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Asia-Pacific

Thai military detains former prime minister

Yingluck Shinawatra among dozens of politicians held after being summoned to a military base following Thursday's coup.

Last updated: 24 May 2014 07:03
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Thailand's former Prime Minister Yingluck Shinawatra and dozens of prominent politicians have been detained by the military a day after it took control of government.

Yingluck and Niwattumrong Boonsongpaisan, her temporary replacement, were among the 39 prominent figures who on Friday reported to a military facility in Bangkok. 

A Thai military spokesman, who gave his name as Colonel Veerachon, told Al Jazeera that all those who had reported to the base had been taken into detention. 

"We are looking after them very well. They are all under detention. We want them to talk and give them some time to relax. They are not together at the moment," he said.

However, he could not confirm their locations.

The Reuters news agency quoted another senior military official as saying Yingluck's sister and brother-in-law were among those being held. The two relatives have held top political posts. 

"We will do so for not more than week, that would be too long. We just need to organise matters in the country first," said the officer.

Thailand's army chief, General Prayuth Chan-ocha, seized control of the government on Thursday, two days after he declared martial law. He said the military had to restore order and push through reforms after six months of political turmoil.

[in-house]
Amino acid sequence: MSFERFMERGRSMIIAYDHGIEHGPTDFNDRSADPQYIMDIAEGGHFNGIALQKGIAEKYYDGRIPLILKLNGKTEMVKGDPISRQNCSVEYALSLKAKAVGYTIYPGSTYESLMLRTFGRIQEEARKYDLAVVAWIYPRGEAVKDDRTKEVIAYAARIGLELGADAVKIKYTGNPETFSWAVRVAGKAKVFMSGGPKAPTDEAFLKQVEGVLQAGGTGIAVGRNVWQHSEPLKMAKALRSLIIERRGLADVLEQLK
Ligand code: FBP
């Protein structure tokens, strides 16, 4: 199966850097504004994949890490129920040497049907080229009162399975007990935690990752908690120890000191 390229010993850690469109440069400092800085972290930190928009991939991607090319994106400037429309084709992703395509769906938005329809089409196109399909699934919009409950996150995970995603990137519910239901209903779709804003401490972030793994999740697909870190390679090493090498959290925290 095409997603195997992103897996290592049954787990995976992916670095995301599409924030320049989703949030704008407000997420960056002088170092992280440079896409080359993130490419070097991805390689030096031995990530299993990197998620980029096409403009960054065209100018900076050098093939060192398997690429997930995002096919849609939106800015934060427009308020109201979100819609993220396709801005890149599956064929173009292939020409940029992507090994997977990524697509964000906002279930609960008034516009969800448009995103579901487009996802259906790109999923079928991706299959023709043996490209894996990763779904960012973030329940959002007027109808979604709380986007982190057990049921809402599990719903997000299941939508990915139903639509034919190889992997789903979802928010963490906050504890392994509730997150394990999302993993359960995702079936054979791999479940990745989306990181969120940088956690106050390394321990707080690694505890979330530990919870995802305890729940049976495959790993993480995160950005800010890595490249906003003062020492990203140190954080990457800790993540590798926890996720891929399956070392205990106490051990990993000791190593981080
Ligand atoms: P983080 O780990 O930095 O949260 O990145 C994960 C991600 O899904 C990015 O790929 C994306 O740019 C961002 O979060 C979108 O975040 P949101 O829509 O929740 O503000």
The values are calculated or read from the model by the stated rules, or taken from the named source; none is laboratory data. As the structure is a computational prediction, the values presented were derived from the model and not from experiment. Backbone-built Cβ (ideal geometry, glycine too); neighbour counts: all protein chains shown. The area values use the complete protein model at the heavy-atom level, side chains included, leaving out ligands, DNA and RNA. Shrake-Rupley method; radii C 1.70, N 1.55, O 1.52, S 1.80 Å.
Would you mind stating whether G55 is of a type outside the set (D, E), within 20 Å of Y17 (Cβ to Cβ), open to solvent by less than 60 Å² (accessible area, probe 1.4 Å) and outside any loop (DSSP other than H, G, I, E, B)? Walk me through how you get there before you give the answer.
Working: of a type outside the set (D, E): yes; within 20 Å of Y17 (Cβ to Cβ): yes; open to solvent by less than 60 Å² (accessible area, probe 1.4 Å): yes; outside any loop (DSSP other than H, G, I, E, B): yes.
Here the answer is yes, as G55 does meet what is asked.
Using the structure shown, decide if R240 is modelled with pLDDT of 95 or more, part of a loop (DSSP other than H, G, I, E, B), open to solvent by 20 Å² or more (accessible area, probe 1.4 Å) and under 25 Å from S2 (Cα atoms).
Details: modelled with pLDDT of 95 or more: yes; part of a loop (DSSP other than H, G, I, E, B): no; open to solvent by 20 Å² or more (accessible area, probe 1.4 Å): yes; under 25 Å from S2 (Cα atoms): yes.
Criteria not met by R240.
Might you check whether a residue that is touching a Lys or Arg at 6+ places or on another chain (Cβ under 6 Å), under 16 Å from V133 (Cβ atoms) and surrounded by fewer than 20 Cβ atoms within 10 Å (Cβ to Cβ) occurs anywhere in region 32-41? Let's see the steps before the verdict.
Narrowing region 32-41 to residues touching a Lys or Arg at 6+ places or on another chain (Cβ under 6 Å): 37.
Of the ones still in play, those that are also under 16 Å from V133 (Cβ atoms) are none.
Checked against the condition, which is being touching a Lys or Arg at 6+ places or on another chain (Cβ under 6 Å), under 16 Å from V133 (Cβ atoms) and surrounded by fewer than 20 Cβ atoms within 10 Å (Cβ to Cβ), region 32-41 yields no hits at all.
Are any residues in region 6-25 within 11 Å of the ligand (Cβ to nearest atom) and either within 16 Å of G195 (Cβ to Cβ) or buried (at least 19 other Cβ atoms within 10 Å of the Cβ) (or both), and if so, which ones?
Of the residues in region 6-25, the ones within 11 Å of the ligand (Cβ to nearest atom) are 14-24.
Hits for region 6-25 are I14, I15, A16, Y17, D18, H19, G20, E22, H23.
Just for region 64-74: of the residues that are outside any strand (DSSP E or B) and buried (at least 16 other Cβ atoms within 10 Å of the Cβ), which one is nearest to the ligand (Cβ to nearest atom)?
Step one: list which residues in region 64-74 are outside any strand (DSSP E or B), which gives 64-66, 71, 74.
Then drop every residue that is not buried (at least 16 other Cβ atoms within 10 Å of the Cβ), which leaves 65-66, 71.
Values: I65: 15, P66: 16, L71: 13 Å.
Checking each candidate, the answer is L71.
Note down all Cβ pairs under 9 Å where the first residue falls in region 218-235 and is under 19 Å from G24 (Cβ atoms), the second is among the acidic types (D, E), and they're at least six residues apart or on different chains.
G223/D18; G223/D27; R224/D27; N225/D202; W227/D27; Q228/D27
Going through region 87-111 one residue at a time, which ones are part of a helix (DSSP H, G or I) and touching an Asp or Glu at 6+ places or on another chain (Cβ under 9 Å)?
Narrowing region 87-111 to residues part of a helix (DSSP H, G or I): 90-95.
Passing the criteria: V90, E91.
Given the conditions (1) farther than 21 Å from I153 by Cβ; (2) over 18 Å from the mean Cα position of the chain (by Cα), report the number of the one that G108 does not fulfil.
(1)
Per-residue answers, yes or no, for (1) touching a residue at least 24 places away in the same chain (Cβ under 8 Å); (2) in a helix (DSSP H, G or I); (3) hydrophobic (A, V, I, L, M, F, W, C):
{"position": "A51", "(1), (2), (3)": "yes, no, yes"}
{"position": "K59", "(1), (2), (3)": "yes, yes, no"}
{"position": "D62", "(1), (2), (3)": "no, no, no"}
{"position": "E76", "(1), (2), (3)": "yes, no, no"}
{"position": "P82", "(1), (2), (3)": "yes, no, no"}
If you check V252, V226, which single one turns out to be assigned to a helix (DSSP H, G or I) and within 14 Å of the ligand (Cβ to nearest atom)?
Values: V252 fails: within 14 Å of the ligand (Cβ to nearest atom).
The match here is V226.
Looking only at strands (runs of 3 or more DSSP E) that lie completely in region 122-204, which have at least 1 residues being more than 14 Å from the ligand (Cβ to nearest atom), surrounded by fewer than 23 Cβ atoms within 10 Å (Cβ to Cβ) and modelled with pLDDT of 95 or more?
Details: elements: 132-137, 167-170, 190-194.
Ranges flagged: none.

The military declared a curfew from 10pm until 5am, suspended the constitution and detained some politicians. Rival protest camps were ordered to disperse.

Meanwhile, the United States on Friday suspended $3.5m in aid - a third of its military assistance to Thailand - and urged "the immediate restoration of civilian rule, a return to democracy and obviously, respect for human rights during this period of uncertainty," State Department spokesperson Marie Harf said.

Yingluck was removed from office on May 7 after the country's constitutional court ruled she abused her power by removing a civil servant to benefit a relative.

Yingluck was presiding over an interim government after she dissolved the lower house of parliament in December in a failed attempt to defuse six months of anti-government protests. A planned election was disrupted and then annulled.

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Source:
Al Jazeera And Reuters
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